Bribery by Oil Services and Freight Forwarding Companies / Panalpina, Inc.
Bribery by Oil Services and Freight Forwarding Companies
United States
Securities and Exchange Commission
Angola, Brazil, Kazakhstan, Nigeria, Russia, and other unspecified countries
Legal Person
Consent to Permanent Injunction
Disgorgement of Profits
Art.16, Art.26
Art. 1, Art. 2, Art. 8
Bribery of foreign officials, Falsification of books and records, Internal controls violations, Aiding and abetting the bribery of foreign officials, Aiding and abetting the falsification of books and records
No admission or denial of alleged offenses
No (Customs)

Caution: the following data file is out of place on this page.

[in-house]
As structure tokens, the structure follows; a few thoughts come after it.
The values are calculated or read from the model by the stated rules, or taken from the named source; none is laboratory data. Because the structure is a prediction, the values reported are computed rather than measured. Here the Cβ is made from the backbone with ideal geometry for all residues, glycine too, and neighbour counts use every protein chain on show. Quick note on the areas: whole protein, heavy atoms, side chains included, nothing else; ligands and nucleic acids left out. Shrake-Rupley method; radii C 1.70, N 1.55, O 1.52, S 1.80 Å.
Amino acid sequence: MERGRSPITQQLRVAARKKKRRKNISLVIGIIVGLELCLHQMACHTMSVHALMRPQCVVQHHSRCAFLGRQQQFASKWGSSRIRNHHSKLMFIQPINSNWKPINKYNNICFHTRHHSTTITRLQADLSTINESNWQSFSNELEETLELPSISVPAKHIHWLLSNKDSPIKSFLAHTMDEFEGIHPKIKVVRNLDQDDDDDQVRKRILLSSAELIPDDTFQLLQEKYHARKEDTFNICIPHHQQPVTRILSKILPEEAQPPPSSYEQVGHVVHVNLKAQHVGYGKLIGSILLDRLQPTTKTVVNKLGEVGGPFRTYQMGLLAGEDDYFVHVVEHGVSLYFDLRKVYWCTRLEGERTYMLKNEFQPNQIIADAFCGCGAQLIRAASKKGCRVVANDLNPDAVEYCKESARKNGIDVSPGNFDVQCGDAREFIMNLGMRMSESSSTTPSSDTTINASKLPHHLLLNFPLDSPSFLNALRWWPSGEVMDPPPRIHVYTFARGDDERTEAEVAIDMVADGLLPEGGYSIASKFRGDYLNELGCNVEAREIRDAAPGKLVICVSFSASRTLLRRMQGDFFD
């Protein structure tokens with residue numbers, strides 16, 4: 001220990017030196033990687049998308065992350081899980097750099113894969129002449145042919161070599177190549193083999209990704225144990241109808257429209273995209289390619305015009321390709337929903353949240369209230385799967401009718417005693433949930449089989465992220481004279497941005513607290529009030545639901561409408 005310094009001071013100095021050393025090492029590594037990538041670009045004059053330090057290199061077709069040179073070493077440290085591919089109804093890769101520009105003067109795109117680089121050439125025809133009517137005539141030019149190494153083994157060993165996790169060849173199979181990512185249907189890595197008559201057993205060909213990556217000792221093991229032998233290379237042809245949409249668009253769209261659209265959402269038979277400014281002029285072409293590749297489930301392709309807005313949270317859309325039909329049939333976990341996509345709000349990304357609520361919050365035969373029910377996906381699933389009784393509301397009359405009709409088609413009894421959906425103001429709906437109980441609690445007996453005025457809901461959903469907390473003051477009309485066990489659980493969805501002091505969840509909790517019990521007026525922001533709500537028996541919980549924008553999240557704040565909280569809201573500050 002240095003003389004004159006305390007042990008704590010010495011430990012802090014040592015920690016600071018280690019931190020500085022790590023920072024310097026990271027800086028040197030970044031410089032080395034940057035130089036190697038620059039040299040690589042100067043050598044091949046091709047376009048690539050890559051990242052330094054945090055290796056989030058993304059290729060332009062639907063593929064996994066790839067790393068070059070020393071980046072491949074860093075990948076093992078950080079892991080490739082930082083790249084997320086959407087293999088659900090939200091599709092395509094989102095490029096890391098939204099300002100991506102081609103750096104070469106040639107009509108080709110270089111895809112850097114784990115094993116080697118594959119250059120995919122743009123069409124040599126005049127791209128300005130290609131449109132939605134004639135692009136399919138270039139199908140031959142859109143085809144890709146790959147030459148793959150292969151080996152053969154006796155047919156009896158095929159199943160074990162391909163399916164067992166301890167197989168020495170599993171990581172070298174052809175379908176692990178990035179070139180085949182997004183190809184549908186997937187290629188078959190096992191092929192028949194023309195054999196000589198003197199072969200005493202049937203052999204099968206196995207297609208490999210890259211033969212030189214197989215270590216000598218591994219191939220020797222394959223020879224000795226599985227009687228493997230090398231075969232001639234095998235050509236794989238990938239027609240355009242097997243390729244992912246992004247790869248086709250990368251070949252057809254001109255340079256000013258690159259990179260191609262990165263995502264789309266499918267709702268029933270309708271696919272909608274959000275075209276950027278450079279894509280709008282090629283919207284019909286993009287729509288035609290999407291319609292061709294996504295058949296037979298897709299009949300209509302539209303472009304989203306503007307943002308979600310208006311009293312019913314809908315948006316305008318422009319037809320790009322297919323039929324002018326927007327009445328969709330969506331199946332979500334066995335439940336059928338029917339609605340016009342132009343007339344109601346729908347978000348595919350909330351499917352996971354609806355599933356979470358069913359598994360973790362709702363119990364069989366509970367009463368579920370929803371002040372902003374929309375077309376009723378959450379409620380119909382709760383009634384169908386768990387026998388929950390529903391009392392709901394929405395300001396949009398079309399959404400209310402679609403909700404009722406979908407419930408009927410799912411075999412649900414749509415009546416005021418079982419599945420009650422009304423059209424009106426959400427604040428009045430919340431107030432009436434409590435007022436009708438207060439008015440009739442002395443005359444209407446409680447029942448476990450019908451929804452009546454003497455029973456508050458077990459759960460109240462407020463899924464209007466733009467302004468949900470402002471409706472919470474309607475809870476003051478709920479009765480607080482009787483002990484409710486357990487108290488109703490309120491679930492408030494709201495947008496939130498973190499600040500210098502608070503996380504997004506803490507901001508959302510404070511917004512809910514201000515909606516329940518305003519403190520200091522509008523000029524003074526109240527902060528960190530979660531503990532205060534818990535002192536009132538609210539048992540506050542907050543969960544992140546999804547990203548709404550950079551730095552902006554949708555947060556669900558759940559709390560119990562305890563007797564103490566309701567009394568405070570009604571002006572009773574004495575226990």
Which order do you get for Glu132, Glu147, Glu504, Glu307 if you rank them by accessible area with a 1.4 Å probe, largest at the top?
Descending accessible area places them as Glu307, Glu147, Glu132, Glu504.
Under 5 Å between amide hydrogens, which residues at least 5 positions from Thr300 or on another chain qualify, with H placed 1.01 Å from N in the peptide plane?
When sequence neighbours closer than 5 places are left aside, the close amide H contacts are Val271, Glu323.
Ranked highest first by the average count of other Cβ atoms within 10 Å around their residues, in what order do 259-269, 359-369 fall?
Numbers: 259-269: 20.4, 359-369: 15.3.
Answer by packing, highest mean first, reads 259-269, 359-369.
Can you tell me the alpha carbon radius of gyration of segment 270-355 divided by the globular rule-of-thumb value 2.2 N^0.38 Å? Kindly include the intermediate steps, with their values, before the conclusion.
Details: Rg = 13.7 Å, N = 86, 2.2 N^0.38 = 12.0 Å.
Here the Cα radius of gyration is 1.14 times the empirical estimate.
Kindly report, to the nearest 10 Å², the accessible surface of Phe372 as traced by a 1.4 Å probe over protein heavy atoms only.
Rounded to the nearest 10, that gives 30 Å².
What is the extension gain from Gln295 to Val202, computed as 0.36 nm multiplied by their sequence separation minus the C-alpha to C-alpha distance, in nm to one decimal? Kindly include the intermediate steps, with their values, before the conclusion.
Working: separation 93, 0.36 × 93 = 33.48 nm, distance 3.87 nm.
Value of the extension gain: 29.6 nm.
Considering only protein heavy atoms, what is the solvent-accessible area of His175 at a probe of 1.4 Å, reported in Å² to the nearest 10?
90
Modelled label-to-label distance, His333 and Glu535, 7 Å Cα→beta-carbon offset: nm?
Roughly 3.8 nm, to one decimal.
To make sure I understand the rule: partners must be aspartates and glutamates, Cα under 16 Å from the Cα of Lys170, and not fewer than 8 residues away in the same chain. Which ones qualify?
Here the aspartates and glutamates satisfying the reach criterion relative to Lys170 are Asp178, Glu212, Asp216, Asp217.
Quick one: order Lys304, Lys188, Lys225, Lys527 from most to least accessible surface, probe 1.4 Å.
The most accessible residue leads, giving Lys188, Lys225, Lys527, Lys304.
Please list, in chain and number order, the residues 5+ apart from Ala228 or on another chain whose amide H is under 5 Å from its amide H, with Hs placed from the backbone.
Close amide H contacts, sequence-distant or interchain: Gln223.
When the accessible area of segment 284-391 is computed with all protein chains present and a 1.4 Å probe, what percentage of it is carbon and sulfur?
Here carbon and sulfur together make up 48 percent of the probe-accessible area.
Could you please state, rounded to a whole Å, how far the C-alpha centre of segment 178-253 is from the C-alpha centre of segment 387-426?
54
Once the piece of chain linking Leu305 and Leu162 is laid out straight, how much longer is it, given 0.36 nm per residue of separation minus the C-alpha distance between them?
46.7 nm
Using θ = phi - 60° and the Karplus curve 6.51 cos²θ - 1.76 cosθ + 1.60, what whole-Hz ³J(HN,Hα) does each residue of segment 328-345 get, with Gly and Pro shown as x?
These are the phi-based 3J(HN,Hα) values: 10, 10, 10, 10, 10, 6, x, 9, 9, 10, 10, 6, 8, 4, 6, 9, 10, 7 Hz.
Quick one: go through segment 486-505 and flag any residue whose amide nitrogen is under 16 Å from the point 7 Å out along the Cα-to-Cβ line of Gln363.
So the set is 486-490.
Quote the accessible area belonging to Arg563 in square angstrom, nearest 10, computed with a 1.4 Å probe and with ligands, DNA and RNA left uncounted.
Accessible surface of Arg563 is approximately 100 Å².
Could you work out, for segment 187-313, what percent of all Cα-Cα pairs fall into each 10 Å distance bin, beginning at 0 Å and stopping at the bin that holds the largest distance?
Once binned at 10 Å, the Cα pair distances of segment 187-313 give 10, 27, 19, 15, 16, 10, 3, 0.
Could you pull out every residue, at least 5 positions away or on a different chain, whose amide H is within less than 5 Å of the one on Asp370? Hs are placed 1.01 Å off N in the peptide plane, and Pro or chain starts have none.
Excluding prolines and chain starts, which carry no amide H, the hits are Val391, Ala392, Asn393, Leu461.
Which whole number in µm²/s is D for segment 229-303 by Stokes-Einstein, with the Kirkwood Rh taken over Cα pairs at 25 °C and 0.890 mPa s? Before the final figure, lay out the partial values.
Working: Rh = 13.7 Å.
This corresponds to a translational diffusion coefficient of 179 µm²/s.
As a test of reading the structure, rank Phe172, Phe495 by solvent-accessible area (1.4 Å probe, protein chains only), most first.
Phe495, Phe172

According to the US Securities and Exchange Commission Litigation Release, on November 4, 2010, the Commission "charged the U.S. subsidiary of Panalpina World Transport (Holding) Ltd. (PWT), a global freight forwarding and logistics services provider based in Basel, Switzerland, with violating the Foreign Corrupt Practices Act (FCPA) by bribing foreign officials around the world on behalf of its customers. The SEC's complaint, filed in federal district court in Houston, alleges that from 2002 through 2007 Panalpina, Inc. (Panalpina), in concert with other PWT subsidiaries and affiliates (Panalpina Group), bribed government officials in countries including Nigeria, Angola, Brazil, Russia, and Kazakhstan. The bribes were paid by Panalpina to obtain preferential customs, duties, and import treatment for its customers in connection with international freight shipments. Although PWT, Panalpina, and the Panalpina Group are not issuers for purposes of the FCPA, many of their customers are. By paying bribes on behalf of issuers, Panalpina both violated and aided and abetted violations of the FCPA. To settle the SEC's charges, Panalpina will pay $11,329,369. [ ] The complaint alleges that although the bribery schemes varied, most shared several similarities. The customers often used Panalpina or other Panalpina Group companies to ship goods internationally or sought Panalpina's assistance in obtaining customs or logistics services in the country to which goods were shipped. For various reasons --including delayed departures, insufficient or incorrect documentation, the nature of the goods being shipped and imported, or the refusal of local government officials to provide services without unofficial payments -- Panalpina's customers sometimes faced delays in importing goods. In other cases, Panalpina's customers sought to avoid local customs duties or inspection requirements or otherwise sought to import goods in circumvention of local law. In order to secure the importation of goods under these circumstances, Panalpina's customers often authorized Panalpina and other Panalpina Group companies to bribe foreign officials. The complaint further alleges that Panalpina Group companies invoiced Panalpina's customers for the bribes. The invoices, which contained both legitimate and illegitimate charges, concealed the bribes by inaccurately referring to them as "local processing," "special intervention," "special handing," and other seemingly legitimate fees. Without admitting or denying the SEC's allegations, Panalpina consented to the entry of a final judgment ordering disgorgement and permanently enjoining it from violating the FCPA's anti-bribery provisions and aiding and abetting violations of the FCPA's books and records and internal controls provisions. These provisions are codified as Sections 30A, 13(b)(2)(A), and 13(b)(2)(B) of the Securities Exchange Act of 1934. The proposed settlement is subject to court approval.